W3C home > Mailing lists > Public > public-device-apis@w3.org > September 2012

Re: Content of URL picked by Intent

From: Paul Kinlan <paulkinlan@google.com>
Date: Thu, 20 Sep 2012 19:42:13 +0100
Message-ID: <CADGdg3BQBsO9f1j-eRhjXBs6BXPhVSFi9ewdEpn2i=aK0_SScA@mail.gmail.com>
To: Brett van Zuiden <brettcvz@filepicker.io>
Cc: Greg Billock <gbillock@google.com>, Tobie Langel <tobie@fb.com>, Jungkee Song <jungkee.song@samsung.com>, Norifumi Kikkawa <Norifumi.Kikkawa@jp.sony.com>, WebIntents <public-web-intents@w3.org>, "public-device-apis@w3.org" <public-device-apis@w3.org>, "Frederick.Hirsch@nokia.com" <Frederick.Hirsch@nokia.com>
Hi Brett,

Thanks for the feedback.  I am in agreement that setting it in the payload
is not great, and that Array syntax could cause issue for single instance

If we keep them distinct, then this pushes us towards different actions
http://webintents.org/pick and http://webintents.org/pick_many, likewise
for share.  Another option would be to indicate that the data type be an
array, so rather than "image/png" we would have something like
"image/png[]" or "multipart/related; type=image/png" to indicate the data
is an array.


On Thu, Sep 20, 2012 at 7:34 PM, Brett van Zuiden <brettcvz@filepicker.io>wrote:

> Hi there - I'm typically just an observer here, but felt like this was an
> area where we can share a lot of what we have learned.
> I'm one of the founders of Filepicker.io, and our first product has strong
> parallels to web intents. We've had thousands of developers use our product
> over the last handful of months, so have some real-life experience in
> interacting with developers around the api.
> Our initial approach was to treat multiple as a flag to the getFile call
> (our equivalent of the "pick" intent). If multiple wasn't set, we would
> return the url and data as an object, if it was we would return an array.
> I'm convinced this is the wrong way to do multiple, and that the right way
> is to have an explicit pickMultiple call.
> Rationale:
> * a {"multiple": true} flag has poor discoverability. I'm fairly happy
> with our documentation, but we still get on average one question a week
> from people asking if they can/how to select multiple files
> * The use cases for selecting multiple files are fairly distinct from
> those asking for single files. We initially thought the flag would help
> people switch between the two - in practice, this rarely happens.
> * We've found that the user interface for selecting multiple files should
> be reasonably distinct from selecting a single file. For instance, the
> presence of a "shelf" where selected files are queued before being submitted
> * Making single-file pick an array creates a significant boiler-plate
> issue where every implementation needs the same blob of code. It also
> raises questions about edge cases: what happens if the user closes without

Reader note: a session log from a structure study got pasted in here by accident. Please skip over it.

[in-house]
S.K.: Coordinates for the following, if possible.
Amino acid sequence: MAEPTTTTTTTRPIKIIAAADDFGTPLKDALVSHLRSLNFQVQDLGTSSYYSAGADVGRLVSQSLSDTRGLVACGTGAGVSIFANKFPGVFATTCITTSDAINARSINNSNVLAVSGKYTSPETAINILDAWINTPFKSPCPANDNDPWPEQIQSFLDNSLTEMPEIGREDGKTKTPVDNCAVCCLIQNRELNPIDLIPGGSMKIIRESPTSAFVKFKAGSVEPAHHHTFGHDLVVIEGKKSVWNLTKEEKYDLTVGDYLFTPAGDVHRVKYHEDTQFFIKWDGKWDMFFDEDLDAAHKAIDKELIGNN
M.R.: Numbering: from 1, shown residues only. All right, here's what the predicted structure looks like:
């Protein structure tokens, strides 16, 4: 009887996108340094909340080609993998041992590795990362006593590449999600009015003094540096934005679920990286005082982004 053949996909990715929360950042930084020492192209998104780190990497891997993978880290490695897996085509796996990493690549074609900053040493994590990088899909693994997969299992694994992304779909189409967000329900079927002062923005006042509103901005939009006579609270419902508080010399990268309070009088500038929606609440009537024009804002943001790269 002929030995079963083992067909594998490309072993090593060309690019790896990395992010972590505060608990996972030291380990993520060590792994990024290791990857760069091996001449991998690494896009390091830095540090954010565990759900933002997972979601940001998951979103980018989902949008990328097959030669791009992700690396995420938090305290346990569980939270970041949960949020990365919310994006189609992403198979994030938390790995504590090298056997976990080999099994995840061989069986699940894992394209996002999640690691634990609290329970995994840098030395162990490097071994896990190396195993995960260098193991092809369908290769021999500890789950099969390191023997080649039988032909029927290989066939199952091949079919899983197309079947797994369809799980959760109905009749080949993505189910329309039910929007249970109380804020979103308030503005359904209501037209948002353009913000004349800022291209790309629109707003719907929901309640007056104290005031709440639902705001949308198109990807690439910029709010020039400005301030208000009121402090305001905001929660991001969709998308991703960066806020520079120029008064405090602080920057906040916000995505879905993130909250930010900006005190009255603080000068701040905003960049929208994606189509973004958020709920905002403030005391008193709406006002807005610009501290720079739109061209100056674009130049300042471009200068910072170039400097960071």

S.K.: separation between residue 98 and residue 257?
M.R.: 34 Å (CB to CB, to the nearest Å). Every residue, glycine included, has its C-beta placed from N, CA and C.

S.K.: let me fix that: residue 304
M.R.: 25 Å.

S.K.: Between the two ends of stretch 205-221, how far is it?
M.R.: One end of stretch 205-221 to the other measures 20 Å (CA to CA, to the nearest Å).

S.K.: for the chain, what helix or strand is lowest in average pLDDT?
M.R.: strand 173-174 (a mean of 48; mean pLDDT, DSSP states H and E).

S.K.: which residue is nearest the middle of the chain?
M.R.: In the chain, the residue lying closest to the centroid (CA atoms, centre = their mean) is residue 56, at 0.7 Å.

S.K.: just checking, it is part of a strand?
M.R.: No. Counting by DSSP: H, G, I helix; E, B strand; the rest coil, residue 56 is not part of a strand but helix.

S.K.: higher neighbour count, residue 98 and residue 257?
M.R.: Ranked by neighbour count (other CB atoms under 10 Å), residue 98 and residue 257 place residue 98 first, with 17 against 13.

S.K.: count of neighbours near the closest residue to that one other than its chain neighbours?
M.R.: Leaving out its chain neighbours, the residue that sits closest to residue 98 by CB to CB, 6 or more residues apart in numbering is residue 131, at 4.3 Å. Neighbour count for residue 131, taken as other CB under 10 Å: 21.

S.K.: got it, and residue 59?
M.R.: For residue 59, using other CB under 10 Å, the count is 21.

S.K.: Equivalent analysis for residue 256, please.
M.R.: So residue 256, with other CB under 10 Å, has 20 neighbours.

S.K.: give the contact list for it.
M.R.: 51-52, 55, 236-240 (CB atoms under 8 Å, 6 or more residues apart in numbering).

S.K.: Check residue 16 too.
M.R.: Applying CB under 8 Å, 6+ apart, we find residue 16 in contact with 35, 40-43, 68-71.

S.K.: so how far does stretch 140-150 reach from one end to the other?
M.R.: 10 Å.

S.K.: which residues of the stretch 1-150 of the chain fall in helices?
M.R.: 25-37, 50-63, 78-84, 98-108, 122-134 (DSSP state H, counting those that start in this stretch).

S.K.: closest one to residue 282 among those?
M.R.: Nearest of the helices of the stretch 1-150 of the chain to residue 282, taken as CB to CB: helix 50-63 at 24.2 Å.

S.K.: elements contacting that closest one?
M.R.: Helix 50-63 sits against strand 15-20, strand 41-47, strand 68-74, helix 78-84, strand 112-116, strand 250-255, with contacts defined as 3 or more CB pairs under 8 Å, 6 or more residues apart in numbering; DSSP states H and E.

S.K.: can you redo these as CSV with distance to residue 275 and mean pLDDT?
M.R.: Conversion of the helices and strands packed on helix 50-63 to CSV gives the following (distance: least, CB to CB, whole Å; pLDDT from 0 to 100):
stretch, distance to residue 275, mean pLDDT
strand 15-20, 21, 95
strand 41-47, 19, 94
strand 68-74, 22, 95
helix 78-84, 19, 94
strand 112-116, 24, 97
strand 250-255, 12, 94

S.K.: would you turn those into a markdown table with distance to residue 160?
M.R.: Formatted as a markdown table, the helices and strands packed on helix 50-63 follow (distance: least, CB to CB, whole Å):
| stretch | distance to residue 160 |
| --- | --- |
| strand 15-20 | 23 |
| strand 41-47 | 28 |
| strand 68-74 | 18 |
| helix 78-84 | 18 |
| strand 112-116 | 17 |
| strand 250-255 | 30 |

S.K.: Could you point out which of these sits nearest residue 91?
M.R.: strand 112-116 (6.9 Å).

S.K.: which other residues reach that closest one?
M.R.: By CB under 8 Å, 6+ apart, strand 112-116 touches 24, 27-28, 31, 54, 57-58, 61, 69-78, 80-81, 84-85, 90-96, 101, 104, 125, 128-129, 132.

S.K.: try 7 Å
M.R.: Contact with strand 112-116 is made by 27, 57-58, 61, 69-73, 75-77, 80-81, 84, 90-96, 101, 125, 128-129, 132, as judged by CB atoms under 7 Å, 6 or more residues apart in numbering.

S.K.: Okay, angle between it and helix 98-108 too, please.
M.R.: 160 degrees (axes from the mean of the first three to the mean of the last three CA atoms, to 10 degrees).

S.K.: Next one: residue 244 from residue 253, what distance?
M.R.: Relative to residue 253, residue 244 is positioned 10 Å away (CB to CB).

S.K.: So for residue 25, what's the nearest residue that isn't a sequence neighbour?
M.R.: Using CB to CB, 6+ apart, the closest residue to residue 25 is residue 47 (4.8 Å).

> selecting any file? Can an empty array ever be returned for a single-file
> pick? Will the length of the array always be identically 1?
> Happy to provide more insights into what we've learned from our customers.
> We've recently spec'd out the next version of our API and so have
> aggregated quite a bit of experience into that document.
> - Brett van Zuiden
> Founder | Filepicker.io
> On Thu, Sep 20, 2012 at 1:56 PM, Greg Billock <gbillock@google.com> wrote:
>> On Thu, Sep 20, 2012 at 10:43 AM, Tobie Langel <tobie@fb.com> wrote:
>> > On 9/20/12 7:27 PM, "Greg Billock" <gbillock@google.com> wrote:
>> >
>> >>The discomfort I'm estimating as the most acute
>> >>is client developers wanting to get started. I'd like them to have as
>> >>few problems as possible using the API, and so I'd like to make their
>> >>path as clear as possible.
>> >
>> > That's actually easily mitigated by providing example code developers
>> can
>> > copy. It also an issue during a relatively short period of time and is
>> > relevant to that particular API only. It's also very possible that the
>> > developers will be familiar with the pattern having seen it elsewhere.
>> >
>> > However, inconsistencies in the platform hurt the productivity of
>> > beginner, intermediate and seasoned developers alike. Not only does it
>> > hurt developers when they are using that particular API, but it also
>> hurts
>> > them **every time they will use any other API where consistency with
>> that
>> > particular API would have been expected.** In other words, coming up a
>> > custom solution here diminishes the quality of the platform as a whole.
>> I completely agree, and that's a major source of discomfort I'd dearly
>> like to avoid. :-) If we can document around early pitfalls and give
>> developers touching a lot of the platform a consistent experience,
>> that's definitely where the balance of intuition ends up lying. I
>> definitely think using arrays for multiple MIME values is the way to
>> go, and accords well with the rest of the platform. The question is
>> how to best indicate that. Always using them is a good approach that
>> will work fine.

Paul Kinlan
Developer Advocate @ Google for Chrome and HTML5
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Received on Thursday, 20 September 2012 18:42:41 UTC

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